Despite that I’ve been seemingly knitting more slowly lately, I feel like I’ve been a very productive knitter and have had some marvelous revelations that I felt the need to share.
If you’re in and out of the shop, you may know that I recently completed a shop sample, the Mitchell poncho made of Shibui’s new yarn Vine. Vine is a crisp blend of paper, cotton and silk. I’ll be completely honest and admit that I did not love working with this yarn. Like linen, it seemed to have a mind of its own. I marched through the project, intent on completing it in time for the NJ Wool Walk. Upon finishing it, I blocked it, tacked it and it was if it transformed. I brought the sample to work and admitted to Patty that I am probably going to want to steal this one back some day.
That’s the thing about certain fibers or knitting projects. Sometimes we enjoy the entire process, making it and wearing it (or gifting it to a very knit-worthy loved-one). Sometimes we enjoy the knitting, but the finished product is underwhelming (I have a fair share of these experiences). Sometimes (as with the Mitchell poncho) the knitting itself isn’t pure joy, but the finished product is so marvelous that it makes it all worth it. I’m okay with these projects that don’t fulfill me completely from start to finish. Oftentimes the most rewarding outcomes have the most challenging process – in knitting and life. It’s a good exercise in knitting that can reinforce an appreciation for those rough patches.
Now I’m working on one of those projects that is pure delight. I’m headed off on vacation next week, and I was pumped for some selfish knitting. However, when an opportunity presented itself to make a sample with Kokon Merino DK, I jumped. This delightful yarn comes from ethically raised sheep in South Africa, dyed in the Netherlands before it arrives at your favorite LYS. Within 24 hours of receiving our shipment, Isabell Kraemer released a new pattern featuring this yarn: Mariechen, a seamless cardigan with a textured lace front. The knitting universe was handing me a lay-up.
I started working on this project immediately and I am obsessed. The yarn is round and has a ton of twist. It reminds me of Arbor in its texture and that it brings me pure delight when I knit with it. Like Arbor, it’s a breeze to knit with and seems to jump off your needles. Unlike Vine, it’s a very obedient yarn and does just what it’s told. Kokon Merino DK is hand-dyed, so unlike Arbor with it saturated hues, its incredible palette has a bit of depth and just a hint of texture to it.
Meanwhile, Mariechen is pure fun. Its seamless top-down construction means that the beginning is the “tough part.” I’m in the middle of raglan shaping and establishing the textured pattern chart, so I’m working raglan increases at the same time as working the front patterns. The textured pattern is established quickly and its easy to read what comes next. The cardigan fronts are the only part with patterns that require attention. Therefore, I have smooth, easy knitting on the sleeves and back, and some rhythmic counting for the fronts.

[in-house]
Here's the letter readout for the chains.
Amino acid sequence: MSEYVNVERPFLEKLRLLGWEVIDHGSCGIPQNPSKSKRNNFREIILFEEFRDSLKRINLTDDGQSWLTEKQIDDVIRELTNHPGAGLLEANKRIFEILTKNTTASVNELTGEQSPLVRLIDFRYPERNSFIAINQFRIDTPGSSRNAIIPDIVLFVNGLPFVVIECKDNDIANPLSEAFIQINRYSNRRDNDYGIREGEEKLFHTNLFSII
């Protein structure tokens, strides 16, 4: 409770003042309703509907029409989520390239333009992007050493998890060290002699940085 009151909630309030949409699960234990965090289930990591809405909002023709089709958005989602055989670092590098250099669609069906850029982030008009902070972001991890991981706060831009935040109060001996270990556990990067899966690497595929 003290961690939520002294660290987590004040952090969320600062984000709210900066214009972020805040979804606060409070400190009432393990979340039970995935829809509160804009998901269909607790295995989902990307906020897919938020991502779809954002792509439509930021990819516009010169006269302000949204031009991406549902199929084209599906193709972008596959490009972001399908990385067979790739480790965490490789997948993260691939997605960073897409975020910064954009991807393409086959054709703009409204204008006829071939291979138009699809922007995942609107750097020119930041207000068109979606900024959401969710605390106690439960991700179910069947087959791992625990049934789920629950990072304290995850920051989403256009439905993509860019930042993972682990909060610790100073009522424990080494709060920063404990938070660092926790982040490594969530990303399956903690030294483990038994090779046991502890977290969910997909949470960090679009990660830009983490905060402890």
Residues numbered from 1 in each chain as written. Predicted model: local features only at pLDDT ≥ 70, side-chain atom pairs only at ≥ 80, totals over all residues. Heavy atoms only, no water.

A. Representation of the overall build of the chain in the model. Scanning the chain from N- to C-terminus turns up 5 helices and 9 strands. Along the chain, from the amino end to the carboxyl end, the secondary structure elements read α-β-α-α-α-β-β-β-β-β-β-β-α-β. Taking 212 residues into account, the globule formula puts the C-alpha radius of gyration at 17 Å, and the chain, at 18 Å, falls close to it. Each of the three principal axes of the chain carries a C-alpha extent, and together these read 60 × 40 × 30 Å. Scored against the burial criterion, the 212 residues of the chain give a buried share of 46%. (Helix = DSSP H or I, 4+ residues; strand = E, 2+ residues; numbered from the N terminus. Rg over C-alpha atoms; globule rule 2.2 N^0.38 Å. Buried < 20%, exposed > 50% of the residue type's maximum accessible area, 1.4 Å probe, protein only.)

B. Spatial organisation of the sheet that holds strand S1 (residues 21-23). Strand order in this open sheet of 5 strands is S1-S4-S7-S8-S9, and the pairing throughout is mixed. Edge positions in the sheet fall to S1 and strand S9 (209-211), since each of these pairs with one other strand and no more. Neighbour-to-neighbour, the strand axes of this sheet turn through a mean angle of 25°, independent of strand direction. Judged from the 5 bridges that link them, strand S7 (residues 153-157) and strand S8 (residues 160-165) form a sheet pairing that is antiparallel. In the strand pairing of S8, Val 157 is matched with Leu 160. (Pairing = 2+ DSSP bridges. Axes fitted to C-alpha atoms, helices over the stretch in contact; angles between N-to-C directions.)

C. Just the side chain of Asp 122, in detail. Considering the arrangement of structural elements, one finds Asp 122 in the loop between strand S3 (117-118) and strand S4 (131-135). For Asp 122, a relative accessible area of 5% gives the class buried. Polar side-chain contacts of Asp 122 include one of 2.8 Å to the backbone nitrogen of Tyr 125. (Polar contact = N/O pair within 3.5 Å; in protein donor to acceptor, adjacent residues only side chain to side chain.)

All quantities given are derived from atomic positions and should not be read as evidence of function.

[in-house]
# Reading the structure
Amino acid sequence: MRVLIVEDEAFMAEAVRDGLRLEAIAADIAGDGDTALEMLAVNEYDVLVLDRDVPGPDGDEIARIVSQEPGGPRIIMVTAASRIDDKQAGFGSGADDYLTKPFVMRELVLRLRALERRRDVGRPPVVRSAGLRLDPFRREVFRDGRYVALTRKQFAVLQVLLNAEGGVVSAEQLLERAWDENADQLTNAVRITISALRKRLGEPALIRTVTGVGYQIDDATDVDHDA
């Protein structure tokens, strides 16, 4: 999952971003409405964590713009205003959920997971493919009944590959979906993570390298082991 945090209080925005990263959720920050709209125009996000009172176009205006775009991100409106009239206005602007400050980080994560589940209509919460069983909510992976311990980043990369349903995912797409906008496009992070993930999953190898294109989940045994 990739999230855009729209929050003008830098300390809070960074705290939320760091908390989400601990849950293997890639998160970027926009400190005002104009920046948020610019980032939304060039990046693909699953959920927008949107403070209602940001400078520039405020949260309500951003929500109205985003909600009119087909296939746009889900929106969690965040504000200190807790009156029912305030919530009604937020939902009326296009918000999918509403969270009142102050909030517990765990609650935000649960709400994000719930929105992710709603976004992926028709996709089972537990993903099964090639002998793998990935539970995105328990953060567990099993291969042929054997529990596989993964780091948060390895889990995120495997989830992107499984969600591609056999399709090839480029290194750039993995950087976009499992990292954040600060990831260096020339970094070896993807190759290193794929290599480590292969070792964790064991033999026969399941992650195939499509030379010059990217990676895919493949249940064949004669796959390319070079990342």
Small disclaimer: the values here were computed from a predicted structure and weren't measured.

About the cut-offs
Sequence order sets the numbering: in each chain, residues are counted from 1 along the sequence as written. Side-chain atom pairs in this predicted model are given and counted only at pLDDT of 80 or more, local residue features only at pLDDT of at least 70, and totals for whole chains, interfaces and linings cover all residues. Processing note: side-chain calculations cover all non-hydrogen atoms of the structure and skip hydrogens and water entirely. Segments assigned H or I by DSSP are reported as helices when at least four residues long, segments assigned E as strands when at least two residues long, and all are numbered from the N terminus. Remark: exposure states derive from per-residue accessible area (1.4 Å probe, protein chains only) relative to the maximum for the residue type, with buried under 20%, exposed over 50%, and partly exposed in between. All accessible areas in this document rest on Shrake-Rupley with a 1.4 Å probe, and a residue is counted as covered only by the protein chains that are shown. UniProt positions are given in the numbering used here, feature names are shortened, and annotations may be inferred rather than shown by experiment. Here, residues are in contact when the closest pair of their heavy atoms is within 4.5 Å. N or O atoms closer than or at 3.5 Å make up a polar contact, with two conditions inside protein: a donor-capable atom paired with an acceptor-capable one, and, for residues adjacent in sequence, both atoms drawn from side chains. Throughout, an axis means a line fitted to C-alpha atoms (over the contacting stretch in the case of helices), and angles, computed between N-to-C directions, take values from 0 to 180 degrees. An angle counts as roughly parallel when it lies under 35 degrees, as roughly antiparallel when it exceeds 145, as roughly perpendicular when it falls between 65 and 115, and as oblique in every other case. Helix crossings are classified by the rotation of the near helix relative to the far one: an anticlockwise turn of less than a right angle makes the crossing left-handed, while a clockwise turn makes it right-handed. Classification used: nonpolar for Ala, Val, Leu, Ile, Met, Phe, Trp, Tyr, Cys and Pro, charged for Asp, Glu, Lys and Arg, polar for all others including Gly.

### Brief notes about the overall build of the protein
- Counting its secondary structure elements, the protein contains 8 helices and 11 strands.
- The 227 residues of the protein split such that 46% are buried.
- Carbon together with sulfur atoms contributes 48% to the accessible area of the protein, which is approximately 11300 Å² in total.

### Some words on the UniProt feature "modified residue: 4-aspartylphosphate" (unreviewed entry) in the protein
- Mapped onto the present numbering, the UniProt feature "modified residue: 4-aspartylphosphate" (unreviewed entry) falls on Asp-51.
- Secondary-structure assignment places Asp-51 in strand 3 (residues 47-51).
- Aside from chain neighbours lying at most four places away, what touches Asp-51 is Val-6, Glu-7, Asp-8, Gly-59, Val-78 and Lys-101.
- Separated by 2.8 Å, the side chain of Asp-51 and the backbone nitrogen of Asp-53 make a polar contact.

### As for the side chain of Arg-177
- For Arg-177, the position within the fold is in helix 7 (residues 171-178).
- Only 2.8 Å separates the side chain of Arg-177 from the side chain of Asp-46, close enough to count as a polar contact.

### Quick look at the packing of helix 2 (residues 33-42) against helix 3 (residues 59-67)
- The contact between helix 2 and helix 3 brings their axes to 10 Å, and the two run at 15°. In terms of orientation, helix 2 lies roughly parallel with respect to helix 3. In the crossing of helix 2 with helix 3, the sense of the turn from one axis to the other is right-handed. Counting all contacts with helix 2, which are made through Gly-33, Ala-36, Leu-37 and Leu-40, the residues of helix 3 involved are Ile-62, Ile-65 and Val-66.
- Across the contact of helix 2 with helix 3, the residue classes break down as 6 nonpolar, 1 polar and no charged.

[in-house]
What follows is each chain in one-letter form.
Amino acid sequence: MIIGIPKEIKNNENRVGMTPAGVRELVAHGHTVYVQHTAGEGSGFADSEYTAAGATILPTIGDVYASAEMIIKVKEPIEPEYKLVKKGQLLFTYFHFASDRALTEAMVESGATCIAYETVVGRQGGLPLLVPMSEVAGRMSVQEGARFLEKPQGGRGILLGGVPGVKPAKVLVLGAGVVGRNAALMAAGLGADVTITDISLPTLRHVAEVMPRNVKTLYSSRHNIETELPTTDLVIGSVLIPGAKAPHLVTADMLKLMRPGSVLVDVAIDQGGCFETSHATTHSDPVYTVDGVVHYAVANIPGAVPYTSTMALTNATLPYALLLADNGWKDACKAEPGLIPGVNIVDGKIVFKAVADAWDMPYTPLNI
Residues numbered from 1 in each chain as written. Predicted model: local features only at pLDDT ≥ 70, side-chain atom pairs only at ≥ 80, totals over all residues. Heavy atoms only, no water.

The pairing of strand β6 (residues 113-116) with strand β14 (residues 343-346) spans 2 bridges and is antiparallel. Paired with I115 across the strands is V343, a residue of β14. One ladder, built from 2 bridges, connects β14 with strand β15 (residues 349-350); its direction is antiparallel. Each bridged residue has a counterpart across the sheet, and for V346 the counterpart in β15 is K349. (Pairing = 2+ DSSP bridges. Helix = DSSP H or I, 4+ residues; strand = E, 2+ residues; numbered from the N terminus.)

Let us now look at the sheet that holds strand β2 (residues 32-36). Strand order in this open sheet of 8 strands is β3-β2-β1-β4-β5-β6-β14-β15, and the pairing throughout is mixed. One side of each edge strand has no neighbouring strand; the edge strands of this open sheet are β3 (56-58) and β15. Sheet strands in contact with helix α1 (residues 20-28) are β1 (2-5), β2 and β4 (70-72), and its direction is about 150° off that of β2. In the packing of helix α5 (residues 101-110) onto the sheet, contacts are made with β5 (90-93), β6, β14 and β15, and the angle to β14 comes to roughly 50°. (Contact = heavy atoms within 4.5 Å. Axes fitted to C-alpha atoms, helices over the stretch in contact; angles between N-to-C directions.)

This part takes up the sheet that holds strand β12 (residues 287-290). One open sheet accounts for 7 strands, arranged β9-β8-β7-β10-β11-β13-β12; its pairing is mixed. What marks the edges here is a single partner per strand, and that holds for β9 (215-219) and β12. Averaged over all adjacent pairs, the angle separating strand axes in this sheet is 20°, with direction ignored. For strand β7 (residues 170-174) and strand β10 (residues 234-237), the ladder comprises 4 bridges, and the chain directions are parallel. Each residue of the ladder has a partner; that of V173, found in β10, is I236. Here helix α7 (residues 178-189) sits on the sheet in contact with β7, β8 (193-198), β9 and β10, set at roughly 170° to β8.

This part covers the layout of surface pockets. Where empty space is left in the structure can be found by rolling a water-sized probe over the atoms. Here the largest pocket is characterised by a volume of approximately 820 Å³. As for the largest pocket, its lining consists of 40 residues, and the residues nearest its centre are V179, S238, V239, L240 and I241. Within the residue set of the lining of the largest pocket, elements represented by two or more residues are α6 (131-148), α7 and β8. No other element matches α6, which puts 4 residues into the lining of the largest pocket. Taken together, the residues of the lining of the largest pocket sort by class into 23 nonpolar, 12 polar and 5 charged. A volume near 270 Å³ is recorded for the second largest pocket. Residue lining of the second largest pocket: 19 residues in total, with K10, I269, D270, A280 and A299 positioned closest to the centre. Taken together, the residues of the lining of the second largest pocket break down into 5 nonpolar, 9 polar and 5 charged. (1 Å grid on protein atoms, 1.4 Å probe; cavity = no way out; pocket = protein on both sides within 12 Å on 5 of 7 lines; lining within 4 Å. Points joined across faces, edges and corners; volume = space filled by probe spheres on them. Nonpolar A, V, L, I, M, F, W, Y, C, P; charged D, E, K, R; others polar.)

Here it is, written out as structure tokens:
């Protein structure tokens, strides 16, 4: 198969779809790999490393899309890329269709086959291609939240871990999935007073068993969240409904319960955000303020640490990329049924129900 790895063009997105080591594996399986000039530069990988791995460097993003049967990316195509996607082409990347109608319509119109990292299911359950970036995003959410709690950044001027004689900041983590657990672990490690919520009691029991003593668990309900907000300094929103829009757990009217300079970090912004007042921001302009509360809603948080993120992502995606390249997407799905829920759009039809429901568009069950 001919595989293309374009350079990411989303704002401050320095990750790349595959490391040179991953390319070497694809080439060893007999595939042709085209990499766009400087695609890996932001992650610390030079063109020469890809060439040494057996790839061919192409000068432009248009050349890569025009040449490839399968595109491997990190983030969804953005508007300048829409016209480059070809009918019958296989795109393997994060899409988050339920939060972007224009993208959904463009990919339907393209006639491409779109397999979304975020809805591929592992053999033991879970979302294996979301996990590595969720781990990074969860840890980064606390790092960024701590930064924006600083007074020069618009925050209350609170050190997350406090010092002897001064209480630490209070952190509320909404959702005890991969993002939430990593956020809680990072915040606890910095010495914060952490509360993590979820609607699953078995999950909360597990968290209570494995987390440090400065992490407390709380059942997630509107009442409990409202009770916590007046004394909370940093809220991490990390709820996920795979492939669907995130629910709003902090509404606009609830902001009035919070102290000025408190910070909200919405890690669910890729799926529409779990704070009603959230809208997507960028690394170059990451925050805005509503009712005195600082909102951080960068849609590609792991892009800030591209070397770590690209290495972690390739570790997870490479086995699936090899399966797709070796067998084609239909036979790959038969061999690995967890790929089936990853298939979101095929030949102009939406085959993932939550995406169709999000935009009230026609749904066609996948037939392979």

In her knitting notes Kraemer says “…took me a while to listen to the yarn….but in the end it told me what to do….” Clearly Kokon Merino DK is the perfect yarn for this project, but if you can’t get your hands on it, Brooklyn Tweed’s Arbor is your next best bet!
My last knitting story of the day comes via Brooklyn Tweed. Last year I knit up Ives in Brooklyn Tweed Loft. I’d had my eye on the pattern for a long time, and I finally resolved to make it as it appeared to be a simple straightforward knit. It’s a cowl-neck pullover with a high-low hem and dolman sleeves in stockinette. It turned out to be quite complicated as it was worked side-to-side. I had to keep extensive notes and keep careful track of the multiple sets of shaping that I worked simultaneously and at different rates. I was delightfully immersed in the project, but it was not a project I could do without the my knitting notebook. I absolutely adore the finished piece. I’m complimented on it often and I tend to caution knitters about the complexity of it. It’s all worth it, but I don’t want to pretend it was easy.
Fast-forward a year and I was gifted some beautiful yarn and I found a pattern, the Cottonwood pullover, that is aesthetically very similar to Ives. It doesn’t have a high-low hem and its neck is more like a turtleneck than a cowl. However, it’s dolman sleeves and its shape is strikingly similar to Ives (and it’s worked at the same gauge). Also, the Cottonwood pullover is effortless to knit. The front and back of Cottonwood is worked from bottom-up. The shaping is symmetrical and easy to follow. The two pieces are seamed together, then the neck and sleeves are picked up and worked in 2×2 Ribbing. It was a totally relaxing sweater to make, and a gift at a time when I was so busy.
As I finish up this post, I’m sitting here wearing my newly-finished/much-adored Cottonwood pullover. Before Mariechen was published, I had planned to make a shop sample of it using Kokon Merino DK – and it does happen be a lovely yarn choice for this project. Given its similarity to Ives, I’m tempted to make it in Loft, just to show the similarities and differences of these two sweaters. Seams will keep this sweater in check, so the world is your oyster when it comes to yarn choice. Also consider Arbor, a Shibui combo like Lunar + Pebble, Criative DK, Dromedary, or Baby Alpaca.
I love that knitting gives us an opportunity to coast as often as it gives us an opportunity for challenge. Pick your project based on what you need. Your brain will thank you if you take a challenge, but sometimes we all need a little R&R.